Stuart Clapp discusses the long and short of the cycling sock and which is on trend. And is one length faster than the other?
There’s been a lot of talk about the length of cycling hosiery at the moment, and for the fashion conscious, it’s become a real bone of contention. So just what is the correct length for a pair of cycling socks?
“To generalise, let’s say men’s sock lengths are short (6cm), medium (9cm) and long (13cm). Over the last 18-24 months Wiggle has seen a rise in length from brands such as Sako7Socks and Ten Speed Hero, each brand using a DeFeet Aireator 15cm cuff. It’s all about flashing that design. Smaller cuffs have less room for expression; it gives them a bigger canvas,” says Richard Land, cycling soft goods buying manager at Wiggle.
How does this fashion trend apply to women’s socks? “The average sock length for female cyclists has remained pretty static, 3cm being the most popular, followed by 6cm. This is pretty much across the board on all the brands we stock,” says Land.
Like most cycling trends, this one has its origins in the peloton. Lance Armstrong got the ball rolling in the 1990s but the current vogue for long socks is thanks in large part to our very own Sir Bradley Wiggins.
Usually a stickler for tradition, talk of Wiggo’s socks first graced these pages a couple of seasons back when he wore a long black pair at the Giro d’Italia. Neither length nor colour seems overly outlandish now.
Classic v modern
Traditionally, the peloton’s style icons, which Wiggins so admires — Eddy Merckx, Jacques Anquetil and Cycling Weekly’s most stylish cyclist of all time, Fausto Coppi — wore a white, 7.5cm sock. They were always white and always short, the cuff sitting just above the ankle. Classic.
But although he might be steeped in cycling history, Wiggo’s respect for tradition clearly doesn’t extend to his socks, which he is well known for liking long.
Take his recent Hour Record triumph at the Lee Valley Velodrome, for example, where only half his legs were visible. It could be a fashion statement, an homage to his roots in track cycling, or a new technological breakthrough to save a couple of watts. Either way, it got people talking about Wiggo’s socks again.
The UCI rules aim to “limit the impact of equipment on performance” and neither compression nor aerodynamic properties are allowed to be designed into clothing.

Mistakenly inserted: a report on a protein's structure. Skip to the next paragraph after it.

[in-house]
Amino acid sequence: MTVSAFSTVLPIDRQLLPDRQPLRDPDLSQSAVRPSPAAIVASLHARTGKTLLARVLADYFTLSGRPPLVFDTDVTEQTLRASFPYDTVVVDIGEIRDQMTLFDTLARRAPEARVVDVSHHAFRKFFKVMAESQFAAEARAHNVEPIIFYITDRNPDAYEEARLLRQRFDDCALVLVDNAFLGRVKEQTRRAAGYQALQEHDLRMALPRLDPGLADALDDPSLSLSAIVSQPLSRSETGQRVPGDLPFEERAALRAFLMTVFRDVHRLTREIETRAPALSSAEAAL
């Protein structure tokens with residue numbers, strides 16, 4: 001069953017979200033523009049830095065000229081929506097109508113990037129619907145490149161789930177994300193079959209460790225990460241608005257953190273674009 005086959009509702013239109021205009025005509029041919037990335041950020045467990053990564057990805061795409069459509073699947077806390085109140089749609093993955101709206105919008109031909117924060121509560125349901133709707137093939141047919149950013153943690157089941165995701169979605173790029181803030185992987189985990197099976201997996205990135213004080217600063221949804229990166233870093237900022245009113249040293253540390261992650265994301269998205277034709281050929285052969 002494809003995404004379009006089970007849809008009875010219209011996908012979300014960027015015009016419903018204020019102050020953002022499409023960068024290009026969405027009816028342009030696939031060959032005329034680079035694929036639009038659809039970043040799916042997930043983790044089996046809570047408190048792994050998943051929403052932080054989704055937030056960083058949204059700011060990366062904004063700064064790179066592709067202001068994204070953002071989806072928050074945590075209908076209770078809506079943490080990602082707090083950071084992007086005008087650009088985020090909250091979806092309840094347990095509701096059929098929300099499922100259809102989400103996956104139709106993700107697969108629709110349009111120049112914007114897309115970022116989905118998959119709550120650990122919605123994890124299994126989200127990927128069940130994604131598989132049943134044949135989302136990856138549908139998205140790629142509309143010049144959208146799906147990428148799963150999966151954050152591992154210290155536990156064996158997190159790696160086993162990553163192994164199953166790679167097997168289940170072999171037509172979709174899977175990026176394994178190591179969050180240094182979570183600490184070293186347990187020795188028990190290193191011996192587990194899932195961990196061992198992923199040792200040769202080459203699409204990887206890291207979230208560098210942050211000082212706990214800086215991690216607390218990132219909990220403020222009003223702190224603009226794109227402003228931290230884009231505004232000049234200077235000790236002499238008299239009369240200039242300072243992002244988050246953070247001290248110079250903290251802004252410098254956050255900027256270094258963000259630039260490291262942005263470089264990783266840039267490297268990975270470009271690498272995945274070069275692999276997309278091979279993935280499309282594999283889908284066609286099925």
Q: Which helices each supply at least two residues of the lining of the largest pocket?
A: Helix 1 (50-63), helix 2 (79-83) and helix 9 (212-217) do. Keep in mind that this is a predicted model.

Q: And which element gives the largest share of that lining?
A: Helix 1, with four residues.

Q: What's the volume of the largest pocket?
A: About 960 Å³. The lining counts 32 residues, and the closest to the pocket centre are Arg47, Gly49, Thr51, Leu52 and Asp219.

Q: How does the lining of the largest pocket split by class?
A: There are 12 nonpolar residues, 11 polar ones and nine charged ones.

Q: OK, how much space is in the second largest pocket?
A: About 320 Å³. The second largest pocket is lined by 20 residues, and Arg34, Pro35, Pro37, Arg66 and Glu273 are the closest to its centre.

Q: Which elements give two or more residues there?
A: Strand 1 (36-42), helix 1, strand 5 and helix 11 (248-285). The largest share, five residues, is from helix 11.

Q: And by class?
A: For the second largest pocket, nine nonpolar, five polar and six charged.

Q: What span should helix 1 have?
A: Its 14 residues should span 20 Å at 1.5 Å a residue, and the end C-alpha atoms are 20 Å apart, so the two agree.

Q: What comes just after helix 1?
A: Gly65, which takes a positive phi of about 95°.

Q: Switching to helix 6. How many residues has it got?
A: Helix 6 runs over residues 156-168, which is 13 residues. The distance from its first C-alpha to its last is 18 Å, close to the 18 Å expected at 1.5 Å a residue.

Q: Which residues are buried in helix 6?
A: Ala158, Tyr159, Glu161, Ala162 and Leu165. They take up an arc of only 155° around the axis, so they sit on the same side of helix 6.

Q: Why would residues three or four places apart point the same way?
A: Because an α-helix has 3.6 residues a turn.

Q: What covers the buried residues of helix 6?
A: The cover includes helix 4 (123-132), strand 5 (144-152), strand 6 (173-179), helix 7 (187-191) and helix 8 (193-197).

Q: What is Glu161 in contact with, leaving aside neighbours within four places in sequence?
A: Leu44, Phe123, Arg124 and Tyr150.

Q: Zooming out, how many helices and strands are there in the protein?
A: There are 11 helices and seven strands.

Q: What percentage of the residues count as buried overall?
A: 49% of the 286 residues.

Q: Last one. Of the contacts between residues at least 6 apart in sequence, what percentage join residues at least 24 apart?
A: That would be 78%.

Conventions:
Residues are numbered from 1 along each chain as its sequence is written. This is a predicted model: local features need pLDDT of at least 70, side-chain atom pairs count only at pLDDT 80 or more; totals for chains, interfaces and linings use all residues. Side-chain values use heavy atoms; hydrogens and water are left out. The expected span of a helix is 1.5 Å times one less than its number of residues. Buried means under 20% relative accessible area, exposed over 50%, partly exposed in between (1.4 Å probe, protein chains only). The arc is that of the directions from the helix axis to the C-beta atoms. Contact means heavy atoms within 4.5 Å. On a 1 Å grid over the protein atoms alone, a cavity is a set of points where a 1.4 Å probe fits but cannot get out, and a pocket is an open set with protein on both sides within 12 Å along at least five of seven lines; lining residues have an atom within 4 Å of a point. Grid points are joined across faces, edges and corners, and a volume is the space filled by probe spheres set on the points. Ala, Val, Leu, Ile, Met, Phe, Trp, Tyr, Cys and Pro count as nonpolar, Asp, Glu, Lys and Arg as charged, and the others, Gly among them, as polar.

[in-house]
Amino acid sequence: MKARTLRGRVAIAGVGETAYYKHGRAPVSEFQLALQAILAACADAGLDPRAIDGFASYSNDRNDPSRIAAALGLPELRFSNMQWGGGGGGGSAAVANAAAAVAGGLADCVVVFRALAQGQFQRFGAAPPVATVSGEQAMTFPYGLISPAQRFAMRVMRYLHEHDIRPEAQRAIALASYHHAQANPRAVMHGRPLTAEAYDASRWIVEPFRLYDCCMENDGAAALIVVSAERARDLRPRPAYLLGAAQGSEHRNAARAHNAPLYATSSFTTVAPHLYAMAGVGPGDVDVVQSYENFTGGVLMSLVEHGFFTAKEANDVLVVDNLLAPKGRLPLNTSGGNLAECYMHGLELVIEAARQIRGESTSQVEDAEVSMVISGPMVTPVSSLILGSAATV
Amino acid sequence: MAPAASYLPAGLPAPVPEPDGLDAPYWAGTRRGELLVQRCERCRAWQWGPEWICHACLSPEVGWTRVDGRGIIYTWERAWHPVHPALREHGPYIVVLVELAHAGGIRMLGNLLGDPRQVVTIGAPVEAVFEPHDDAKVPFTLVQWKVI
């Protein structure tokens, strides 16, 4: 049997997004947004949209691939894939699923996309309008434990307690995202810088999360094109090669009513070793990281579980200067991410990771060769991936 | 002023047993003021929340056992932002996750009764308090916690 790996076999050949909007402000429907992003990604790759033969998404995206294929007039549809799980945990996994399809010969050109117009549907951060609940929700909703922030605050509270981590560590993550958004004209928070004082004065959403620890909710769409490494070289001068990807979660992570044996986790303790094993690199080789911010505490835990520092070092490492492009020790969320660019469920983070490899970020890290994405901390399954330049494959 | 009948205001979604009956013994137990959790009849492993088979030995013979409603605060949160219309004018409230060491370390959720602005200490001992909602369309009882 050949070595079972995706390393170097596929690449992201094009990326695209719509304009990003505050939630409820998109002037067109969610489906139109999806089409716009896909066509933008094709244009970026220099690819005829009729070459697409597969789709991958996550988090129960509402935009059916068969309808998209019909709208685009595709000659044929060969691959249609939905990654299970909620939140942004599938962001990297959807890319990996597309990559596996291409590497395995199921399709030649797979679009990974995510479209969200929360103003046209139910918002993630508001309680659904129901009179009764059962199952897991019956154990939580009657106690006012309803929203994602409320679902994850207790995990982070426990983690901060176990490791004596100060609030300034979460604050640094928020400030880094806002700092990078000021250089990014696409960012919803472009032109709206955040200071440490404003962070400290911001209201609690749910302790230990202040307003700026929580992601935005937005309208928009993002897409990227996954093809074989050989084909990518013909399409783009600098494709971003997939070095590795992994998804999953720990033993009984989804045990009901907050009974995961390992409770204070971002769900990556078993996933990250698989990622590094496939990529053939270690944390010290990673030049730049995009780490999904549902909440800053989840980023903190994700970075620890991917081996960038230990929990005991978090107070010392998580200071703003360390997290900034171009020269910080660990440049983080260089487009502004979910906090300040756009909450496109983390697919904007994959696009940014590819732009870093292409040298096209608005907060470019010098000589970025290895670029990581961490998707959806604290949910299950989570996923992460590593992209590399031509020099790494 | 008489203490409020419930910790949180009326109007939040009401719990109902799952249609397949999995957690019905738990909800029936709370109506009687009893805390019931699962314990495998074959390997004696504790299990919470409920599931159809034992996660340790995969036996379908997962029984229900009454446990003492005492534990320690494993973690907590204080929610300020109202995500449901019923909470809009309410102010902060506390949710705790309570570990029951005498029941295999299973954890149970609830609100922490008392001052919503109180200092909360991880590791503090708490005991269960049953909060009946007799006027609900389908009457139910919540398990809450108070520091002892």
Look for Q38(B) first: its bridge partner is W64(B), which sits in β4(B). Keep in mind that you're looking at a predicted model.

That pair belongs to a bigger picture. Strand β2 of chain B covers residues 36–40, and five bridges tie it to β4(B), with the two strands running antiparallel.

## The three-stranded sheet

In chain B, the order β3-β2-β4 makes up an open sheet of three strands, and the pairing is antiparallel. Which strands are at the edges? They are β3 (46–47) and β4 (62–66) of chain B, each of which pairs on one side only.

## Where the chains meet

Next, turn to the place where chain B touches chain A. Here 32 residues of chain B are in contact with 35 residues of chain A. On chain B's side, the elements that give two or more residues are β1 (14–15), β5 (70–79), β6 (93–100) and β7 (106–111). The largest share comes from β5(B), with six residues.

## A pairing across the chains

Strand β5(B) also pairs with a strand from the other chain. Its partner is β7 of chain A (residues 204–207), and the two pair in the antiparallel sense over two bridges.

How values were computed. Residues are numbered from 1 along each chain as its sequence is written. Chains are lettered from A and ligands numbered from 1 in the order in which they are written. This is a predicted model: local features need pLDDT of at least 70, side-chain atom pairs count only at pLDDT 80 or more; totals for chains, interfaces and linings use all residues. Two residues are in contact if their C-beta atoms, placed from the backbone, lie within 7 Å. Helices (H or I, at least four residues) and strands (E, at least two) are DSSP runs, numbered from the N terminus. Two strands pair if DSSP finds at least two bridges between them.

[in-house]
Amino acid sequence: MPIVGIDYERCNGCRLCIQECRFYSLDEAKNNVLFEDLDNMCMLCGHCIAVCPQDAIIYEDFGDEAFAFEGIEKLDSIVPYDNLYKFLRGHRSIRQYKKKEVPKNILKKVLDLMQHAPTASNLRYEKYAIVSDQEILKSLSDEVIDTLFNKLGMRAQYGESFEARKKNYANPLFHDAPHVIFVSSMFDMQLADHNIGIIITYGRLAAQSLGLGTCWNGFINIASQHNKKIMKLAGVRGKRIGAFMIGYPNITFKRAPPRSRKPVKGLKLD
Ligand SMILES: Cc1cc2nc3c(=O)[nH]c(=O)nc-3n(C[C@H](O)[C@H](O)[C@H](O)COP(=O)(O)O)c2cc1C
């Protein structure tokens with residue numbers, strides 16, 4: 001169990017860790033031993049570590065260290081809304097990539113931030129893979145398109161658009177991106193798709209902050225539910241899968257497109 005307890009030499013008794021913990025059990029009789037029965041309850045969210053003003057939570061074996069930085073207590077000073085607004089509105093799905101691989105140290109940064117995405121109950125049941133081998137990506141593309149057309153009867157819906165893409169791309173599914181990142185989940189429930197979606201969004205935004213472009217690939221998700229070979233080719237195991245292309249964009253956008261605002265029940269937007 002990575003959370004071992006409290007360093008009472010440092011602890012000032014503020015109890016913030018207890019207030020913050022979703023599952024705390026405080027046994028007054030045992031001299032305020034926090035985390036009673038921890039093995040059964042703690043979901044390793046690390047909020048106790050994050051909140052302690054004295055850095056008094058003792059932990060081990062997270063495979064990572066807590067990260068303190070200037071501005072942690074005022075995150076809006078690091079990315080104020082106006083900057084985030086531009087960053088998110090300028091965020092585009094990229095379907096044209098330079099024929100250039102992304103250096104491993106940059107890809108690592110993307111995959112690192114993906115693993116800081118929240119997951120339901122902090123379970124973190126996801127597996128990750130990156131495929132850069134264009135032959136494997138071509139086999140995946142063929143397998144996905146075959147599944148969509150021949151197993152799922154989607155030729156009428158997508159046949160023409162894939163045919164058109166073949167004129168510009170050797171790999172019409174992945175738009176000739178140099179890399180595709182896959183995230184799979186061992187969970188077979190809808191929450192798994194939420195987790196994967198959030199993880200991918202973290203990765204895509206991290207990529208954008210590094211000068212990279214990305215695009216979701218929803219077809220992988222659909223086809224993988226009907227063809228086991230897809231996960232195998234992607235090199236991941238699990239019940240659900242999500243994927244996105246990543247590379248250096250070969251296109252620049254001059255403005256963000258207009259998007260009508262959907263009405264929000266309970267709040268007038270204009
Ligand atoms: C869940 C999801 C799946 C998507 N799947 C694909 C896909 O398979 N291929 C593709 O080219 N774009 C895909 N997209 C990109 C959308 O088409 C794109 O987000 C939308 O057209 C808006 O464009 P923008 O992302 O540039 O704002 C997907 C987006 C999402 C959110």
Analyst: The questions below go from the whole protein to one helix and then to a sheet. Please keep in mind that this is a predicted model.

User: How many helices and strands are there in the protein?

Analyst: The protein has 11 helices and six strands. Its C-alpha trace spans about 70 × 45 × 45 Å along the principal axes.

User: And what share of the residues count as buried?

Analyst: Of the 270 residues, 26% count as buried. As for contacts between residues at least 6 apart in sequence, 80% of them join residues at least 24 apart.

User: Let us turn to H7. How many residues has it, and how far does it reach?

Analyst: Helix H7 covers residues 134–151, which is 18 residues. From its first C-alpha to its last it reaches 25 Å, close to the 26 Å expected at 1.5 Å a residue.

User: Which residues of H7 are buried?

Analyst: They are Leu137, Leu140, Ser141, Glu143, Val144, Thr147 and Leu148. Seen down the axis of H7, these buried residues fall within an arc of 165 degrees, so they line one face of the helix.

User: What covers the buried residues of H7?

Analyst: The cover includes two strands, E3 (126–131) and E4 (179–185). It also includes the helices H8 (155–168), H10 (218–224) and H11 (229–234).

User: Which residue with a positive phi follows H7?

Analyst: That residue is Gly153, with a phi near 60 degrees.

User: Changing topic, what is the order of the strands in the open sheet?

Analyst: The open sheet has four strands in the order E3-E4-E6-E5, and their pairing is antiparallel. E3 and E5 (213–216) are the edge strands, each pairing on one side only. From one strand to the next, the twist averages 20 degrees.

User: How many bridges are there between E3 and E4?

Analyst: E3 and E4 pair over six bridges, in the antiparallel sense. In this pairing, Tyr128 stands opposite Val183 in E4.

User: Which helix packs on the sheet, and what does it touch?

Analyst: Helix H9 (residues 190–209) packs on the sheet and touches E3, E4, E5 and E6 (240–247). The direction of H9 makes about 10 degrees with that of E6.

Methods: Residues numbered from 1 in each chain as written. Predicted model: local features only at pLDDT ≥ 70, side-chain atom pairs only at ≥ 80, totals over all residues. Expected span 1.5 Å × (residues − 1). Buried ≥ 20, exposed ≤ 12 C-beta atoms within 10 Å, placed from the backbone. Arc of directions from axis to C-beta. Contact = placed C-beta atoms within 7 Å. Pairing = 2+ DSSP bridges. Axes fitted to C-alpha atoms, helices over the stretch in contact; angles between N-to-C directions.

Pro Continental team United Healthcare even went as far as to have a poll before the start of this season where riders voted on the length of sock they wanted: 2.5cm, 7.5cm, 12.5cm or the lengthy 17.75cm. The 12.5cm won.
Sean Sako is to cycling socks what Chris King is to hubs. He’s the creator of Sako7Socks, a line of well-thought-out foot-cosseting designs.
“Firstly, there is no two ways about it, you have to wear socks. Triathletes and even some track cyclists have been known to not wear them, but in my eyes, that’s a big no-no. I like it when the top of the sock cuff stops at the beginning of the calf muscle belly. Any higher and it’s just not classy,” says Sako.
Whether there’s anything to be gained or lost in terms of performance is still up for debate, but there are precious style points at stake and in some people’s minds, that counts for far more than speed. And if we weren’t bothered about style, we would’ve all taken up some other sport the second leg shaving was mentioned. For now at least, long socks are this season’s must-have.
Longer: Sean Sako, Creator of Sako7socks
“There’s nothing worse when someone is wearing stylish cycling apparel and then messes up the look with sub-standard socks. Socks can make a bad kit look good or a good kit look awful. Of course, it comes down to the individual, but for me the socks maketh the kit! Mid calf, all the way!”
Shorter: Richard Land, cycle soft goods buying manager, Wiggle
“Over the last few years there has been a shift to longer lengths in sock. Guys who wear performance brands have gone longer, while men who prefer the classic designs are buying a more traditional shorter or mid-length sock.”